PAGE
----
-r-------- 1 spate fcf 1440 May 28 21:24 sigact
 -r-------- 1 spate fcf 1232 May 28 21:24 status
 -r--r--r-- 1 spate fcf 256 May 28 21:24 usage
 -r-------- 1 spate fcf 0 May 28 21:24 watch
 -r-------- 1 spate fcf 2736 May 28 21:24 xmap
The contents of some of these files are C structures. For each of the structures that can be accessed, the procfs.h header file can be referenced for further information. Where structures are described, the file can be opened and the structure read directly from offset 0 within the file. A primitive ps example, shown in the section Accessing Files in the Solaris /proc Filesystem, later in this chapter, demonstrates how this is achieved.

Some of the files make reference to an LWP, a light weight process. The LWP model is used to provide support for multiple threads of control within a process. Grouping threads into an LWP alters the scheduling properties of the different threads.

The various files contained within /proc on a per-process basis are:

Opening this file gives access to the address space of the process. This allows the caller to find a specific address using lseek() and then either read from or write to the address using read() and write().

This file contains dynamic linker information.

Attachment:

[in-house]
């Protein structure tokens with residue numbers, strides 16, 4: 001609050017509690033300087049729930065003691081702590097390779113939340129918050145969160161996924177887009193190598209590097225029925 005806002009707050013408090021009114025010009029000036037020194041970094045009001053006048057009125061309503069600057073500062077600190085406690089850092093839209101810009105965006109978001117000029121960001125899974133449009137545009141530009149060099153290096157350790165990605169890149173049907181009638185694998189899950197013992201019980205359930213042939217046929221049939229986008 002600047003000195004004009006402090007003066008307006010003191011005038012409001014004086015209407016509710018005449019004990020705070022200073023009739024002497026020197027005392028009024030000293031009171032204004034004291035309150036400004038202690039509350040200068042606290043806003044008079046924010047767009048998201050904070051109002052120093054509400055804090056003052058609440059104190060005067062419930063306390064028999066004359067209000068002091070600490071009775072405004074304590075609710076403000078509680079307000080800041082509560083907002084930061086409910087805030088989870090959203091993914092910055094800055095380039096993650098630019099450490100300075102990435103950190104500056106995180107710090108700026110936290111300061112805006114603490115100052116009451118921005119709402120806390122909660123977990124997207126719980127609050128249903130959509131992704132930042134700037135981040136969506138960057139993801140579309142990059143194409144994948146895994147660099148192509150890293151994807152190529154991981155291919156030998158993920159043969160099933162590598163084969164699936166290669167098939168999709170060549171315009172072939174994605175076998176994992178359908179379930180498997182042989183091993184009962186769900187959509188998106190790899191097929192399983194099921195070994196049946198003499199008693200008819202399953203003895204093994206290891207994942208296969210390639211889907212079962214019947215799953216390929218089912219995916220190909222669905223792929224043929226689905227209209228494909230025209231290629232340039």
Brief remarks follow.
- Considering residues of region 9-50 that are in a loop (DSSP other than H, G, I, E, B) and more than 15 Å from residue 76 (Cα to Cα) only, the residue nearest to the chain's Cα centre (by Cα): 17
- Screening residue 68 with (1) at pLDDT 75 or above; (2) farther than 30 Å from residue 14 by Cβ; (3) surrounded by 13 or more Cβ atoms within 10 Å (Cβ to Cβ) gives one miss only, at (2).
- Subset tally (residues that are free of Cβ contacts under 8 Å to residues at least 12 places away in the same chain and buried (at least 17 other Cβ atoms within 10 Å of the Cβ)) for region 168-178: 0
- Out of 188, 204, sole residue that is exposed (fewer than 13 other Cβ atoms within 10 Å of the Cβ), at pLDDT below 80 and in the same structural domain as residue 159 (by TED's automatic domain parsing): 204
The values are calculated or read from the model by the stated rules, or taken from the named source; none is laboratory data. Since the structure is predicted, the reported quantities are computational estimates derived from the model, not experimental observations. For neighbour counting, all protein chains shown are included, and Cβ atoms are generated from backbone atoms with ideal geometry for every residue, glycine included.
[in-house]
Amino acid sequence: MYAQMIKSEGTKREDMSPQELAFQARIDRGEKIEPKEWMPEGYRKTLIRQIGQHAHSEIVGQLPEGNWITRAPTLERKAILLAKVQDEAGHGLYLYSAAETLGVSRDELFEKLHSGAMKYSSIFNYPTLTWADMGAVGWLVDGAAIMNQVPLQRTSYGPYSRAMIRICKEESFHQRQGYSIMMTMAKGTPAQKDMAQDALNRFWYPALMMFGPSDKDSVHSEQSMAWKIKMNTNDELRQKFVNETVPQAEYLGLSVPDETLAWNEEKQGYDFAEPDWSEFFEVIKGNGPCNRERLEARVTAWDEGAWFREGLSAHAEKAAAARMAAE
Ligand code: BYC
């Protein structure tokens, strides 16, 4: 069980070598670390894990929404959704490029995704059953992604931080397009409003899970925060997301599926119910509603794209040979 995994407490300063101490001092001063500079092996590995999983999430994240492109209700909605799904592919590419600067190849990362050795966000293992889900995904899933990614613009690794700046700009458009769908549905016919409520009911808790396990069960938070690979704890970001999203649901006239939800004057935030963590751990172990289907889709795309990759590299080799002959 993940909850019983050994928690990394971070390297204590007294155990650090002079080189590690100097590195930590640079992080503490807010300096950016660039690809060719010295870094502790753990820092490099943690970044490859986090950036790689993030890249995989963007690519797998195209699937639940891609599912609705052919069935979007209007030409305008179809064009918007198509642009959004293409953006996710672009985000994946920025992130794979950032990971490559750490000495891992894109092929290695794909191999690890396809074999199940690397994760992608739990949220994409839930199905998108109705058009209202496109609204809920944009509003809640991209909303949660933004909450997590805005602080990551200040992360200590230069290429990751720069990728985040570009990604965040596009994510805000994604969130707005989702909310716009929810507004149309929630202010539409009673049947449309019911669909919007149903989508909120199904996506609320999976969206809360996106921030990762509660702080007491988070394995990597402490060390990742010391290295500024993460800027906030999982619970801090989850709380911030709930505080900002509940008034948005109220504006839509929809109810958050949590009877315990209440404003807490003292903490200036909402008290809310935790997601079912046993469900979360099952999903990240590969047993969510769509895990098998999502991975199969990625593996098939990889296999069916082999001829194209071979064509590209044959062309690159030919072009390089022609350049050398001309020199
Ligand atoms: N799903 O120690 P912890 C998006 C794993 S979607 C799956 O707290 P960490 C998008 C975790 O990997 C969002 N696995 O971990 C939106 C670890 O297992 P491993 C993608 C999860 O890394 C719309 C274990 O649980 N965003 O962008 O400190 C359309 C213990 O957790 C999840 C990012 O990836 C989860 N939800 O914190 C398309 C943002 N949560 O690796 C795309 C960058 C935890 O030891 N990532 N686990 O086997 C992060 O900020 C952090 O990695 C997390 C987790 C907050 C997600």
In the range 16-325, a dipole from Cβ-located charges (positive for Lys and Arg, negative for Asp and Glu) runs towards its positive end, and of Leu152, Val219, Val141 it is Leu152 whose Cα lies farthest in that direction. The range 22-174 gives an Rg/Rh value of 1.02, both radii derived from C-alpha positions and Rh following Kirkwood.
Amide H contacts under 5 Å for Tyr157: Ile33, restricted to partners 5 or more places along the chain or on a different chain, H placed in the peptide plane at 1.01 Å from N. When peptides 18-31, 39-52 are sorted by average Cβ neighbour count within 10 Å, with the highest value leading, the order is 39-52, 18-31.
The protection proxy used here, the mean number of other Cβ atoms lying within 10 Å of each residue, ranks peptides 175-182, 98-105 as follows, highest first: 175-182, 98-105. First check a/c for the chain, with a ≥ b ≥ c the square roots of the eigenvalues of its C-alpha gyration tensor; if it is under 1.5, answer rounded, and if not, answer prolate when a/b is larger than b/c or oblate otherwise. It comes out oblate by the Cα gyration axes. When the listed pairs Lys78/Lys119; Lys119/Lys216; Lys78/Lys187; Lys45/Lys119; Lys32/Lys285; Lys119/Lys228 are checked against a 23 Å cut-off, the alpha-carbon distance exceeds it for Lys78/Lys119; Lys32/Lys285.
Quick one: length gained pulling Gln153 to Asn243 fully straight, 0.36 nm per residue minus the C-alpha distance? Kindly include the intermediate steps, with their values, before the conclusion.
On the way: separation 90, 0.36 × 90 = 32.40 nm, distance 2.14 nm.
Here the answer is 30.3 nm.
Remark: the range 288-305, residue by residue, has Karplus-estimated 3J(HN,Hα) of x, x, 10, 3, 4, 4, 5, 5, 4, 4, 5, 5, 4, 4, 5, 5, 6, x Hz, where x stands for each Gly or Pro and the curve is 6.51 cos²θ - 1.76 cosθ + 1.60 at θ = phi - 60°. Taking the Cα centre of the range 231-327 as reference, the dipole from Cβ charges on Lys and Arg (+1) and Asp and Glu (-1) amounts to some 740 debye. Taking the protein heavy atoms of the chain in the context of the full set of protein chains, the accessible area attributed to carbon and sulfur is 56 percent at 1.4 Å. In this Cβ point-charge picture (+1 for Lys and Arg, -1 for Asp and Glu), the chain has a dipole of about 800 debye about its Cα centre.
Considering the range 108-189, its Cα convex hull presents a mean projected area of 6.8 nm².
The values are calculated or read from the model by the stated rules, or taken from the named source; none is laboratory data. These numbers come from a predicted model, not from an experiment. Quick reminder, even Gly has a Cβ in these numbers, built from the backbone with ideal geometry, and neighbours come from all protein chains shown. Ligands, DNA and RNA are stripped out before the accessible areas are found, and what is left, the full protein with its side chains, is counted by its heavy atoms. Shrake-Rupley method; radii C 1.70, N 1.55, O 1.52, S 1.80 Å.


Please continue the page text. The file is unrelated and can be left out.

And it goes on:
cred. The process credentials, defined by the pcred structure, can be found here. This includes information such as the real and effective user IDs, real and effective group IDs, group, and supplementary group information.

ctl. This write-only file is used for process control and accounting. A request may be made to stop or start a process or enable process event tracing. cwd. This file is a symbolic link to the process_f current working directory.

fd. This directory contains files that correspond to the files that the process has open. There is one entry per open file.

lpsinfo, lstatus, lusage. These files give information about each of the process LWPs. Note that there can be multiple LWPs per process; each contains one or more threads.

map. This file contains an array of pmap structures, each of which describes a segment within the virtual address range of the process.

object. Each address space segment maps an underlying file. This directory contains read-only files that are referenced by the map and pagedata files. Opening one of these files gives a file descriptor for the specific mapped file.

pagedata. Opening this file allows the caller to track address space references and modifications on a per-page basis.